In late 2008 and into 2009, a person or group going by the name of Satoshi Nakamoto proposed a system called Bitcoin, offering a solution to the double-spending problem that was ingenious for its simplicity: The central authority keeping track of transactions should be the public at large, and the ledger should be available online to all who asked.

But that created another pair of questions: How to get the hundreds, even thousands, of different computers storing their own copies of the ledger to agree on when to update it, and what changes to add when updating?

Bitcoin offered an elegant solution to this problem, too. Whenever anyone wants to spend a bitcoin, they broadcast that intent to the network of ledger-keepers via the Internet. As each request comes in, each ledger-keeper computer checks its copy of the official record, to ensure that the spender’s identity is valid, that she actually has the correct amount available, and that she hasn’t spent it elsewhere already. If it looks good, each ledger-keeper adds the transaction to its own list of approved transactions that need to be added to its ledger in the next update. The ledger-keepers communicate about their individual approved lists; if a majority of them agree, the transaction is finalized and added to the shared official ledger. These checks and updates happen in computer software and encrypted communications across the Internet, and take only a few minutes.

Adding strength to this system is the fact that anyone can install the software on their computer to make it a ledger-keeper, receive their own copy of the ledger, and contribute to validation and verification of transactions. The ledger itself is fully public, showing which accounts sent how many bitcoins to which other accounts, and when.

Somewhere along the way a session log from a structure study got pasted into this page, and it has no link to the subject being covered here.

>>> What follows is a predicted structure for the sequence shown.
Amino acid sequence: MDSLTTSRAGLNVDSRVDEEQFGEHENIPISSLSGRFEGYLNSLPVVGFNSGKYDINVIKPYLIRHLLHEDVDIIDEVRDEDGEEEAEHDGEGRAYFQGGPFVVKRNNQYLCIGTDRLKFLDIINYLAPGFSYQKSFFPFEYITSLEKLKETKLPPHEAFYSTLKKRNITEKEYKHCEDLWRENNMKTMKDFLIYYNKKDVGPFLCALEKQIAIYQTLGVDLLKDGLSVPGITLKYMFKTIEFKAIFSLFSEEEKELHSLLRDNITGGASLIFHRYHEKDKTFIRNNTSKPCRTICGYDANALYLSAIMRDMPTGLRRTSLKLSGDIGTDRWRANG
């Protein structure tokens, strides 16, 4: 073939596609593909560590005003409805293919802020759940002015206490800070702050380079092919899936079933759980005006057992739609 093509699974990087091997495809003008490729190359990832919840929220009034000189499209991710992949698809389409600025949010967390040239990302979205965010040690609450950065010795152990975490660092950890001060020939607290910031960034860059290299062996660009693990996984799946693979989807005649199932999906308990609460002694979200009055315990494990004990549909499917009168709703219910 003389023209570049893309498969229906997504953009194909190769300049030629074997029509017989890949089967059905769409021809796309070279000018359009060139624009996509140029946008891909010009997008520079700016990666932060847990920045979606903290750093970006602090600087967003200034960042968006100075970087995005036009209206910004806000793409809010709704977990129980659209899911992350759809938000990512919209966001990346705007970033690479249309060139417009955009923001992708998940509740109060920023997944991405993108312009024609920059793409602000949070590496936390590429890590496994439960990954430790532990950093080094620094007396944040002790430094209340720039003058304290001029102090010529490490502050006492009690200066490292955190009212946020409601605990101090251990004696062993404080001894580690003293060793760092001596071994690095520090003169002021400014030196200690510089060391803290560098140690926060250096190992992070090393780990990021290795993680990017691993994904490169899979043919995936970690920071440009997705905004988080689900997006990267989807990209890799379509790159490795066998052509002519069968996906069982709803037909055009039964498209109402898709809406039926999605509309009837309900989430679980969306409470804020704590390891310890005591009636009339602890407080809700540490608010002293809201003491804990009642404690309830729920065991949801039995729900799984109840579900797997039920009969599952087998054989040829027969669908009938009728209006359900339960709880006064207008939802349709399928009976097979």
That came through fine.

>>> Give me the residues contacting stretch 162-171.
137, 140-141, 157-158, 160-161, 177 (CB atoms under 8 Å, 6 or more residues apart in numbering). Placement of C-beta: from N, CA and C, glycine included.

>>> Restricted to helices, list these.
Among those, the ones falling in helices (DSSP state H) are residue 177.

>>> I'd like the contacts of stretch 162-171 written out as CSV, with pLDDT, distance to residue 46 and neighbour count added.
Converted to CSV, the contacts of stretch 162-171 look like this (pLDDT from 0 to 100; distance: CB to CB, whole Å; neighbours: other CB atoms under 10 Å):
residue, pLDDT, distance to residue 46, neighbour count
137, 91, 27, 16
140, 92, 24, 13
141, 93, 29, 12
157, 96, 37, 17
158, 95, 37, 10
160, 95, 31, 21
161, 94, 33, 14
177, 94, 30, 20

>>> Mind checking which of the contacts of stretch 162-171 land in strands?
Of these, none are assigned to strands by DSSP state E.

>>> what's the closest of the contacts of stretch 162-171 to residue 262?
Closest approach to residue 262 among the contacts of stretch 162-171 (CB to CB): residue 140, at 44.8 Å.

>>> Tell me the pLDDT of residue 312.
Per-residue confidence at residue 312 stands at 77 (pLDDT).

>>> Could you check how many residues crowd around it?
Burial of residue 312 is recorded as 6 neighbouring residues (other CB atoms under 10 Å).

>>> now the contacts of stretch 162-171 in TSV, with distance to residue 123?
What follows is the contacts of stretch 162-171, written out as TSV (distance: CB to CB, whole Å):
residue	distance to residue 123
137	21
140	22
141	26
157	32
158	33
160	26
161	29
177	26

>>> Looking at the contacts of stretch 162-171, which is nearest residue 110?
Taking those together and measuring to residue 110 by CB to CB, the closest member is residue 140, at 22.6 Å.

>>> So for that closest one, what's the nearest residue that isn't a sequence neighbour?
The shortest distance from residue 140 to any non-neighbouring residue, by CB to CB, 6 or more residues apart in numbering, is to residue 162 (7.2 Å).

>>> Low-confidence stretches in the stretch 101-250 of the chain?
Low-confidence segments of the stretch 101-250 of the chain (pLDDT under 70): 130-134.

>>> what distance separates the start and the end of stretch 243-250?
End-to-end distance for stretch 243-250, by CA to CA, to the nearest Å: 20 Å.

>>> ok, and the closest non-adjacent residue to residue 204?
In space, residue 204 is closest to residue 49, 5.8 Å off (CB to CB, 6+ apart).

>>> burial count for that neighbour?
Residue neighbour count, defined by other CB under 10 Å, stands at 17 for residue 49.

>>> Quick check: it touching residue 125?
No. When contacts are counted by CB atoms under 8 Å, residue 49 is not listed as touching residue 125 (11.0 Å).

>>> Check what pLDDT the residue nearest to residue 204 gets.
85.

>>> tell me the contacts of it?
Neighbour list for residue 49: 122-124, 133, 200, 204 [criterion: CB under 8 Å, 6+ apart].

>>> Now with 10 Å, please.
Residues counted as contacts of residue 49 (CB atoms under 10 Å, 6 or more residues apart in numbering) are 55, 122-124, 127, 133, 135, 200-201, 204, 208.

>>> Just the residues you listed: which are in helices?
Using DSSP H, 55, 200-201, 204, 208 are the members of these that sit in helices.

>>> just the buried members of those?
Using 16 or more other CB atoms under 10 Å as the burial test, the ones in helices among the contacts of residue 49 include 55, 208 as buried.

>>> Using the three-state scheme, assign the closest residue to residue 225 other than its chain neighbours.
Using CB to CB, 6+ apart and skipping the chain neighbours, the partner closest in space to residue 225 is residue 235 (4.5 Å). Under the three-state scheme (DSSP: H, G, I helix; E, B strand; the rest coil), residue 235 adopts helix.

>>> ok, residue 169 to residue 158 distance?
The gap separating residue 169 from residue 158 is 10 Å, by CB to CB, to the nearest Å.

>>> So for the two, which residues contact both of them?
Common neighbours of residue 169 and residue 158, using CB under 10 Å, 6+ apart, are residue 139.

Of course this raises the question of privacy. One of the things people like about physical cash is that it’s not particularly traceable. Bills have serial numbers, but most people don’t pay attention to those details, and it would be terribly hard to track any substantial sum. (See wheresgeorge.com for an example of trying to track dollar bills’ physical movements.)

Because it’s so central to our lives (we don’t typically want to broadcast which doctors we go to, how often, nor how much we pay them, for instance) privacy is also a cornerstone of traditional electronic payments: We trust the merchants and banks to keep our information away from wrongdoers. (The recent, and ongoing, revelations about card-system hacking at Target offer a warning against being too trusting that way.) At the very least, though, merchants and banks don’t publish their transactions online for all to see.

But that is exactly what the Bitcoin system proposed doing.

Satoshi Nakamoto had a solution for this, too: Every account would have a pseudonym in this new currency system, and everyone could create and use as many accounts (and pseudonyms) as they wanted. The ledger would store the pseudonyms of the sender and receiver (not their real identities), and the ledger-keeping software would confirm through secure encrypted communication that the people using those pseudonyms were the people who had created them, by comparing digital signatures stored when the account was created against the digital signature presented during a transaction. (For those who wish to dig deeper into how a publicly available ledger can store a signature in a way that is truly secured so only one person can sign it, look into public-key cryptography. There’s enough reading online to occupy the rest of your days.)

This seemed to solve all the problems that had faced digital currency: quick and easy transaction approvals, protection against counterfeiting and double-spending, privacy protections for buyers and sellers, and avoidance of a central authority that could steal everything on a whim.

The next trick was getting people to actually use it.